It’s hard to imagine that coins depicting Jesus Christ struck hundreds of years ago could survive to the modern day. But coins were often buried by their owners to safeguard them, and in the cases where they were not reclaimed, the coins sometimes survived to modern times to be unearthed by a lucky finder.
Most art of the Byzantine Empire was devoted to the Christian faith, and this coin is an ideal reflection of Christendom, which flourished in the middle-ages under the protection of the Byzantine Empire. The front depicts a figure of Jesus Christ enthroned. The back shows the Archangel Michael anointing Emperor Michael V.
This coin was struck centuries after Constantine I “The Great” began to transform the Roman Empire from a pagan nation to one which owed allegiance to the Christian church. As such it is a lasting testimony to the strength of the Christianity in preserving many aspects of western culture from the influences and advances of the east.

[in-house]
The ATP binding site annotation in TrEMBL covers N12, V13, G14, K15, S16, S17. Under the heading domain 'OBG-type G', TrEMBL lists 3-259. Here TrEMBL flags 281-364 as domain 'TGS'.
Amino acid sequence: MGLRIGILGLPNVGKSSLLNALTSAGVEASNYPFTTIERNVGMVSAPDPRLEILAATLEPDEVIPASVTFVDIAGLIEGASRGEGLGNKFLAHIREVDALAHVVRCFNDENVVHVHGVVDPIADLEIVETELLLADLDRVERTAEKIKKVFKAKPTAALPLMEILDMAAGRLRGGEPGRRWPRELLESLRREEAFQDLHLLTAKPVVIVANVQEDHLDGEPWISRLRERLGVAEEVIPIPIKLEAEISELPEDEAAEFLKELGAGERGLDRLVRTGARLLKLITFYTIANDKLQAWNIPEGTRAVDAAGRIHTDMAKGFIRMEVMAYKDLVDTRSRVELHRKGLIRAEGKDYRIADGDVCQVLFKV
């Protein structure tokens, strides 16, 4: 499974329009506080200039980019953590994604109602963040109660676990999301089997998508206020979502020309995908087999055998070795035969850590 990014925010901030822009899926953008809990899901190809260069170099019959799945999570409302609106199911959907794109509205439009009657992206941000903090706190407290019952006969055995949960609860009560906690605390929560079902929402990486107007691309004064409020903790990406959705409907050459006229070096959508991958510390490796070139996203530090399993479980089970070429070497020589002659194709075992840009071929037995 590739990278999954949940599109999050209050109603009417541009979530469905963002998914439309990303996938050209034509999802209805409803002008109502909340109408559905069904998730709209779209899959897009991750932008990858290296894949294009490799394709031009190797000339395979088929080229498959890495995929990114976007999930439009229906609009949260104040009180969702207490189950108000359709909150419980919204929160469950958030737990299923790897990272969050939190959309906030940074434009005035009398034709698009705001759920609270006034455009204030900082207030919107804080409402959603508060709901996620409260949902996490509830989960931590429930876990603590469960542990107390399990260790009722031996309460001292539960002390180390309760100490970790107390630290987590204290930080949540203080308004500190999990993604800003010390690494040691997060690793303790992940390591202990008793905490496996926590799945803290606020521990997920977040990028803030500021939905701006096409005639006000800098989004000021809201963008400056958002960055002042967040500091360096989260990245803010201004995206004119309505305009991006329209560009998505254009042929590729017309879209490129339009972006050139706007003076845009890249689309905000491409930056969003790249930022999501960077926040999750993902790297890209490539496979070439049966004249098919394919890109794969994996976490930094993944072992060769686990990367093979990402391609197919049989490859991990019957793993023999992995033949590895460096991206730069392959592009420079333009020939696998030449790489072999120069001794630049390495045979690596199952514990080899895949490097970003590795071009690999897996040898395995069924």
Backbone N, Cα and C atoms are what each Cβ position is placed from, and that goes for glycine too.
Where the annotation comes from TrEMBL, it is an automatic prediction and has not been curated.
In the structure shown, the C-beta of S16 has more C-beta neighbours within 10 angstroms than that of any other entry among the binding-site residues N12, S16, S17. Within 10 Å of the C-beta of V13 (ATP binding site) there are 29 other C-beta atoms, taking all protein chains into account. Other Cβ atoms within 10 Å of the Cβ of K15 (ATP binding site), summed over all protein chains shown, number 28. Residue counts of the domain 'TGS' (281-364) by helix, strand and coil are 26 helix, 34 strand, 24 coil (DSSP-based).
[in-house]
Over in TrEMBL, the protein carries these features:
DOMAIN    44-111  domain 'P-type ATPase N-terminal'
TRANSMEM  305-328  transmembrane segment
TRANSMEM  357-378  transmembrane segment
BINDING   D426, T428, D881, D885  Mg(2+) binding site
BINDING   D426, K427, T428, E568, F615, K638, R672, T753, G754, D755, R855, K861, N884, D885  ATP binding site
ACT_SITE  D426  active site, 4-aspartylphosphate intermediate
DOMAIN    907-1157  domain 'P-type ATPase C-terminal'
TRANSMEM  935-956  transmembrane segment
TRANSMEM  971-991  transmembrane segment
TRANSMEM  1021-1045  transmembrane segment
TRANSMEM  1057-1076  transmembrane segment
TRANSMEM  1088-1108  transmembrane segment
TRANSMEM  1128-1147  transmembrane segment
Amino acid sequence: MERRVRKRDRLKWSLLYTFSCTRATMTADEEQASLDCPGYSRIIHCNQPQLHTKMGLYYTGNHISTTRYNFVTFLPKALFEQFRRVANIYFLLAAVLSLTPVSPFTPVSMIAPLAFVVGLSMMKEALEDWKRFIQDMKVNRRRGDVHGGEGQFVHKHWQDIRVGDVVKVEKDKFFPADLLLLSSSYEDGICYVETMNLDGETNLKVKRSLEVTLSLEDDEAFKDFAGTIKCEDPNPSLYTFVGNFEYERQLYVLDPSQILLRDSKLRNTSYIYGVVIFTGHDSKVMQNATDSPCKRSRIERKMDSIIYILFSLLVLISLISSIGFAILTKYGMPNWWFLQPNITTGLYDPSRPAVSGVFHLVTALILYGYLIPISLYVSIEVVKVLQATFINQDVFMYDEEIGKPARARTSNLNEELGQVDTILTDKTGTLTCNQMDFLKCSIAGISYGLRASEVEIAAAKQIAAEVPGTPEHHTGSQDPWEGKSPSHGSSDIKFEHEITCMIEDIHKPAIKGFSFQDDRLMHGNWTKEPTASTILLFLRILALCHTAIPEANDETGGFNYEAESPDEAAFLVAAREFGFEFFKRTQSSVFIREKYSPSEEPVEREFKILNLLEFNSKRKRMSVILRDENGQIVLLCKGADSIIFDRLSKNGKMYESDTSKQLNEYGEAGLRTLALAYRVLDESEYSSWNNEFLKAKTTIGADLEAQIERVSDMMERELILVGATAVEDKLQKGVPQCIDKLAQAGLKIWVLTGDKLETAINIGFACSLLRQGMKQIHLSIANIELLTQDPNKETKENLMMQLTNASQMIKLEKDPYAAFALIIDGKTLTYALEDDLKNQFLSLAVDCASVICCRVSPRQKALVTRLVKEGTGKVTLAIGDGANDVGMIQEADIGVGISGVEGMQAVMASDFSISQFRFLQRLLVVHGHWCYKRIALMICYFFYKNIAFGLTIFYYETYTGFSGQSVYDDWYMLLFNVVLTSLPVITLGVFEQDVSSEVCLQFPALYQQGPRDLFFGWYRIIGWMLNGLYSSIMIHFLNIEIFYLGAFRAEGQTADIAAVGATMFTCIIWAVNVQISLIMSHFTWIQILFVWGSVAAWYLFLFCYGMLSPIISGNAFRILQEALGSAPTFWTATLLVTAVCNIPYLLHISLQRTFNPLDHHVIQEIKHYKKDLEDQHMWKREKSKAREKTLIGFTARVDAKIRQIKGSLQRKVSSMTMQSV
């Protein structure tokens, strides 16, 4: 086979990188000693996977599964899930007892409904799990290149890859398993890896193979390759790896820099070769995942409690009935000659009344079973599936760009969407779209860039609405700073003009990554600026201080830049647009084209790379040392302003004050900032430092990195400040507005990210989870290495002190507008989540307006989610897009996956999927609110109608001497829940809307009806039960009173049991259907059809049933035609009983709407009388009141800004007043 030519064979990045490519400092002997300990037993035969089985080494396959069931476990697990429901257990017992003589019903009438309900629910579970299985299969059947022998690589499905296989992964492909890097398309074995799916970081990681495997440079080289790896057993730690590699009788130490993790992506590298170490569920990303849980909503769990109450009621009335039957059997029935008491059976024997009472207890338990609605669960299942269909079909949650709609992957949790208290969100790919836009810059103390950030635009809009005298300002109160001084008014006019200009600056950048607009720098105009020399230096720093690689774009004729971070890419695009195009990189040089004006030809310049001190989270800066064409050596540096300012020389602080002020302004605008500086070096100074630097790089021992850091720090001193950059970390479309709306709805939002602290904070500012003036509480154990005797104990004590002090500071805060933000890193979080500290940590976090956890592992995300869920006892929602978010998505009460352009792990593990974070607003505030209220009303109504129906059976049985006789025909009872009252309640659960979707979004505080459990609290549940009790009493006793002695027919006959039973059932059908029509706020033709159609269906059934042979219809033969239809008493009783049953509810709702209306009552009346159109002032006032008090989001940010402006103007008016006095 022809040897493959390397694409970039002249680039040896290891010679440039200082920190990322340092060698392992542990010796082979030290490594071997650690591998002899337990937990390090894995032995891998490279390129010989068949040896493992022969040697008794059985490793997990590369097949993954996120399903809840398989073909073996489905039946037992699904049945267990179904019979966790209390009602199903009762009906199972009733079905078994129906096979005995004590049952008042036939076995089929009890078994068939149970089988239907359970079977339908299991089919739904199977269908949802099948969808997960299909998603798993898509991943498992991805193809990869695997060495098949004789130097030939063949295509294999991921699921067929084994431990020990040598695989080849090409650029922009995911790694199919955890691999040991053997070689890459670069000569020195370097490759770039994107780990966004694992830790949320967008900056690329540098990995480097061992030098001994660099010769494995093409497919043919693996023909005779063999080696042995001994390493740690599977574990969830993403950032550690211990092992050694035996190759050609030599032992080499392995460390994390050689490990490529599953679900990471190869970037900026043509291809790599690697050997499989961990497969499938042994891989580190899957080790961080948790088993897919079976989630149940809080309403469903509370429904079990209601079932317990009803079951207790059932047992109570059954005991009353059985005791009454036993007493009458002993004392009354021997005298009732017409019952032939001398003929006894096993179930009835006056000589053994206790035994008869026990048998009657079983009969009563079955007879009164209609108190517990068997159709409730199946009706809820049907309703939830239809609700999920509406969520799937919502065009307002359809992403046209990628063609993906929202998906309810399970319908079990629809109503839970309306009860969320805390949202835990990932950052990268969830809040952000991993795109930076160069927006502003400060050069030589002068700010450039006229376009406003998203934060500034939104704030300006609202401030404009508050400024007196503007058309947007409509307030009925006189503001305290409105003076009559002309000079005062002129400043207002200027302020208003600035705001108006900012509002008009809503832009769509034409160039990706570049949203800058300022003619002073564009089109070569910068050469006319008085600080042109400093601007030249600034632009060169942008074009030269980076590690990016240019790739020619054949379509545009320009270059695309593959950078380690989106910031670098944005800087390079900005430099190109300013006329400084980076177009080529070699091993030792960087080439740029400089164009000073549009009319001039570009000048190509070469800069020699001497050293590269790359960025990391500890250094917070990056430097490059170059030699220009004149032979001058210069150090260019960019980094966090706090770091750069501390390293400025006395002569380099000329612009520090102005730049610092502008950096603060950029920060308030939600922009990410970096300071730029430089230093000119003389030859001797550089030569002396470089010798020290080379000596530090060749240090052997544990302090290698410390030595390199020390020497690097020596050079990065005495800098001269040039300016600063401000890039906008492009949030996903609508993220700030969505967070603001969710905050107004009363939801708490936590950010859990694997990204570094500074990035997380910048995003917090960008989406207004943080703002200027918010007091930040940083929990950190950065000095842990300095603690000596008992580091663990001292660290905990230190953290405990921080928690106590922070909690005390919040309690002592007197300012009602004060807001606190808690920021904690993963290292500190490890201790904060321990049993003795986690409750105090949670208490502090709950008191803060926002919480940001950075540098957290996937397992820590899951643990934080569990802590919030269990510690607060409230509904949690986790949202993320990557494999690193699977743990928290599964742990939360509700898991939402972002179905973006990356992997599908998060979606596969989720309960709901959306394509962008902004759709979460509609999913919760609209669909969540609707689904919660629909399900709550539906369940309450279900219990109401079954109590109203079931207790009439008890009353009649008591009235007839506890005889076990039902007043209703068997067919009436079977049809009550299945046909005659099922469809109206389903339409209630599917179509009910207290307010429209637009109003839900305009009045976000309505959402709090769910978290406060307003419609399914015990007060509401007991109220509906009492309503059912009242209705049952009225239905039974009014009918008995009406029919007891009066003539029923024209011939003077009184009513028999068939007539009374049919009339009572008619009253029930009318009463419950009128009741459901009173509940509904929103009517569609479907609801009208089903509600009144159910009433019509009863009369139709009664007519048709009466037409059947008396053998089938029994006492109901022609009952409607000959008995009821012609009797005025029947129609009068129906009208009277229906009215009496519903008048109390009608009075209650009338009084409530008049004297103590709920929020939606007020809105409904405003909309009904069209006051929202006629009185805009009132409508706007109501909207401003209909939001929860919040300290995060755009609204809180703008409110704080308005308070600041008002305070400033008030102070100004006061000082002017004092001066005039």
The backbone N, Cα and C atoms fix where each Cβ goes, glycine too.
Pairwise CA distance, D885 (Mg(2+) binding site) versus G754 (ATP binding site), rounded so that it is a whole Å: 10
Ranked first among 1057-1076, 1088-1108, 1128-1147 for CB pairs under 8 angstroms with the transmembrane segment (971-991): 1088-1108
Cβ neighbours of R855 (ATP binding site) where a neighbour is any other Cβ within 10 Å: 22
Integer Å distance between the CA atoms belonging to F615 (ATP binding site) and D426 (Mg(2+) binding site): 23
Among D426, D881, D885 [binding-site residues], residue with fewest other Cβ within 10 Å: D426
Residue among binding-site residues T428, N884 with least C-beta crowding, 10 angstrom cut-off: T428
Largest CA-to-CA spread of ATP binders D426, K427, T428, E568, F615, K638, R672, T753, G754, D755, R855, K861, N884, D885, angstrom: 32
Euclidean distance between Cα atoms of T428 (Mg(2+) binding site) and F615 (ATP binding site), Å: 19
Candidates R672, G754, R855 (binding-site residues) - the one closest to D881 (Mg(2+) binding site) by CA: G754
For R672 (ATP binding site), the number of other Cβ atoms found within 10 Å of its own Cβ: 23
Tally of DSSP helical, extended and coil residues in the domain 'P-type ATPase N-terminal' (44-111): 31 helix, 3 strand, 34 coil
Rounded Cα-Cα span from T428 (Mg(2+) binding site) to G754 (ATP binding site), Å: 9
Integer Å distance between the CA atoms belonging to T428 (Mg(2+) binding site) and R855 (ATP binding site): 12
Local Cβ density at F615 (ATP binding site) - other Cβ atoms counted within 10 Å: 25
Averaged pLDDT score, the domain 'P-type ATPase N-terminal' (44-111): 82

The silver coin was struck in Venice, one of the leading city-states in Italy from 13th Century AD until the mid 15th Century. The Patron Saint of Venice, St. Mark, is shown on the back of the coin standing side-by-side with Doge, the top official in Venice. Because of their wealth, the Venetians were instrumental in financing the Crusades in the east, and were efficient enough in war and commerce to breach the walls of Constantinople early in the 13th Century and temporarily force the Byzantine Government into exile. In one fail swoop they eliminated their chief political and commercial rival in the Mediterranean, and even though Byzantium soon recovered, were the uncontested masters of commerce at sea.